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NORMAL — Doug Klein had been saving his old televisions as "insurance" in case the family set decided not to work.

But after getting his boys a new television for gaming at Christmas, Klein decided it was time to recycle the three older ones.

"It was celebratory," he said after taking them to Normal's electronic recycling drop-off at the town's public works facility.

The town has been bombarded with old TVs and computer monitors lately. 

"December was a very heavy month," said Wayne Aldrich, public works director. "I hope it was an anomaly. Hopefully, it was just year-end clearing out."

The town recycled more than 46 tons of electronics last month at a cost of $13,409, almost double the amount paid in each of the previous three months.

Until September, the town didn't have to pay anything for contractor Vintage Tech to pick up its pallets of recyclable electronics.

Vintage Tech, and other electronic recyclers, received financial support from electronic manufacturers to recycle electronics, as required under the federal Electronic Products Recycling and Reuse Act. The biggest cost comes from recycling cathode ray tube TVs and computers.

But Illinois set low yearly recycling goals for manufacturers and, once that goal is met, manufacturers can withdraw funding without penalty. Last year, that goal was met by September so manufacturers diverted their financial assistance to other states where yearly recycling goals and penalties were higher.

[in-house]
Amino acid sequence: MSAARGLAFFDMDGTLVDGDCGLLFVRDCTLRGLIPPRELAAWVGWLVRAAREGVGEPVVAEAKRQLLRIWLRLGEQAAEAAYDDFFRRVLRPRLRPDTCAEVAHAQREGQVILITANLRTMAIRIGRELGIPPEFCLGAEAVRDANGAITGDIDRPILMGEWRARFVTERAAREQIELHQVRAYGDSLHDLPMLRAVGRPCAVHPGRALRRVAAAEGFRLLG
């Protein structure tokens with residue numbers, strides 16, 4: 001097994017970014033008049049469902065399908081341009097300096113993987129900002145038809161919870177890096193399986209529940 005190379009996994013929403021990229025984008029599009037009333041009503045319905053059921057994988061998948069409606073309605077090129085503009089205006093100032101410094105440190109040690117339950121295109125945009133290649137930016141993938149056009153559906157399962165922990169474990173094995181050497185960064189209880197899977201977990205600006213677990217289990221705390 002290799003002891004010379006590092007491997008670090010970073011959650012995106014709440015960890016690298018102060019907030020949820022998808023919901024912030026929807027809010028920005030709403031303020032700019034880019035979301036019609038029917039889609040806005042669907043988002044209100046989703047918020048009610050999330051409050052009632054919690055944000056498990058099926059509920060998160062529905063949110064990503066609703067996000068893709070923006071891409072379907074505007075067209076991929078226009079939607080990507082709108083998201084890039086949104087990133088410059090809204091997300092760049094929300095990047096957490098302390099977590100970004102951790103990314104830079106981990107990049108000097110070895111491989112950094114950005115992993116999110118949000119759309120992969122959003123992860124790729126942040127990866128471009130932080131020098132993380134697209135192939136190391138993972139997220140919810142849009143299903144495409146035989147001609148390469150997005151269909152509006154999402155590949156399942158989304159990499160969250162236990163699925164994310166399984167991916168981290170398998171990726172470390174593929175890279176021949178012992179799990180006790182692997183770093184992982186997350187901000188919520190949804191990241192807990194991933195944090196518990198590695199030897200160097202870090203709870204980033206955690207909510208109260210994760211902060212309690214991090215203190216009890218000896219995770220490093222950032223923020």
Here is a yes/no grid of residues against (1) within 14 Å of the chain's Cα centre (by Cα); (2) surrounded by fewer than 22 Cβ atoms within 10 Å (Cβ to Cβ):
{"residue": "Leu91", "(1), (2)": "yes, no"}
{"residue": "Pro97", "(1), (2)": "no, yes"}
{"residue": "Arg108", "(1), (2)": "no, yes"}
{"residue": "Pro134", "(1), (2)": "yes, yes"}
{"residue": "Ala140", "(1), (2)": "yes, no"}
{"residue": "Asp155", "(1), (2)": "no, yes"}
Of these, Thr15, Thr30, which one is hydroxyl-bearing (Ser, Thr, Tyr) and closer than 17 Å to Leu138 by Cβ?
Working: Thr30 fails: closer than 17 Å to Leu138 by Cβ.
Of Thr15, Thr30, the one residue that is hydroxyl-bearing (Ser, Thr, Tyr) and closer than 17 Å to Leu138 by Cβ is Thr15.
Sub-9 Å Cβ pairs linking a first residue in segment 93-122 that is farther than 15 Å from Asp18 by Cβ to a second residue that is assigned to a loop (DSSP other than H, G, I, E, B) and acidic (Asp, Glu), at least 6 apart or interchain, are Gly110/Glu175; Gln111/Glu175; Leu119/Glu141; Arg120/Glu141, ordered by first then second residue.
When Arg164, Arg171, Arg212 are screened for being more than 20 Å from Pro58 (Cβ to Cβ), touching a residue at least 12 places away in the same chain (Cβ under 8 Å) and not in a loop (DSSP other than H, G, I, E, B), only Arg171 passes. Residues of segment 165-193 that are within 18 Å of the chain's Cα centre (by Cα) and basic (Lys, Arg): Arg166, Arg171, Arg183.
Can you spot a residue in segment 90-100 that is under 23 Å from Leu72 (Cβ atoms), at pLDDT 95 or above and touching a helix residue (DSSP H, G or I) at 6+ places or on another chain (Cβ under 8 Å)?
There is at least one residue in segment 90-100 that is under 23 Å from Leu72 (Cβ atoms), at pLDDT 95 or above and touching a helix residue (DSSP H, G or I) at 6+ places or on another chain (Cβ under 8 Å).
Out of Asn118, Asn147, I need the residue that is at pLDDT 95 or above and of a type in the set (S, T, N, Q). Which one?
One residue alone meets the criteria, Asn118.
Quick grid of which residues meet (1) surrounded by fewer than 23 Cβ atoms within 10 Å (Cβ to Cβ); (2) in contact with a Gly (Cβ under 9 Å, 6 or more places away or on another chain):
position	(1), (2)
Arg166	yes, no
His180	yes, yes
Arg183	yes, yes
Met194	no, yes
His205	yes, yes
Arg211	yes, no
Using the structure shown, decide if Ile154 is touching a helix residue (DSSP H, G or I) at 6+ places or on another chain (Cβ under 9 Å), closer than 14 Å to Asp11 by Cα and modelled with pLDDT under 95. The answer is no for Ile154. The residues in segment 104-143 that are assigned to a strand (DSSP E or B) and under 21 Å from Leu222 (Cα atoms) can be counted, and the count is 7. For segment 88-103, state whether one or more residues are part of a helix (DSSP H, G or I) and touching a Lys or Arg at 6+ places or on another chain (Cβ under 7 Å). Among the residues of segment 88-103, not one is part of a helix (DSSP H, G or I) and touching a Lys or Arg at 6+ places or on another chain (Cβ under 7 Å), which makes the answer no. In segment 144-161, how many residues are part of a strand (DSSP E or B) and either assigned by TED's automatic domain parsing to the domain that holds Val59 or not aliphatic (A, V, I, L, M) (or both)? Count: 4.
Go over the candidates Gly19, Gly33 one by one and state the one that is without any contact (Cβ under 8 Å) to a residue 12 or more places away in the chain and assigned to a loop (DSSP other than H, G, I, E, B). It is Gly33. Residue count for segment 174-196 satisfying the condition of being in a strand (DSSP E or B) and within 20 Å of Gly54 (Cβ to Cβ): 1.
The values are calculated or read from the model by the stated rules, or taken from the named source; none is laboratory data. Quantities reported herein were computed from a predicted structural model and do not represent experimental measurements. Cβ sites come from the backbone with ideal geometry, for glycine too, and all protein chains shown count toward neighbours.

That forced Vintage Tech to start charging Normal to pick up electronics dropped off at the public works facility.

That new cost also prompted others, including Home Sweet Home Ministries, to stop accepting CRTs to recycle, leaving Normal as one of only two local sites available.

While the Normal City Council agreed to increase its budget to accommodate the additional cost in the short term, it also is looking at other options, including financial help from Bloomington and McLean County.

The Normal site is open to any individual or family and is used by many Bloomington and McLean County residents.

Michael Brown, executive director of the Ecology Action Center, suggested that option to the McLean County Solid Waste Management Technical Committee in the fall. The cost for each entity would be determined by population.

Bloomington Mayor Tari Renner "absolutely" supports the idea. "We need to make it happen," he said Tuesday.

McLean County also is ready to take a pact to the County Board but it's in limbo after Bloomington City Manager David Hales raised some concerns.

"There are no major concerns, just minor contract issues," said Nora Dukowitz, Bloomington's communications manager, adding things should be worked out soon.

Meanwhile, an amendment has been proposed for the state law that would require electronic manufacturers to provide funding toward recycling 100 percent — rather than the current 70 percent — of a set goal.  

State Rep. Dan Brady, R-Bloomington, became a co-sponsor after learning about the problems Normal has with CRTs. 

"It's important that we as legislators try and correct this; it affects the municipalities and the citizens," he said.

Brady is trying to gather support from both sides of the aisle and hopes the General Assembly will take action in its spring session. 


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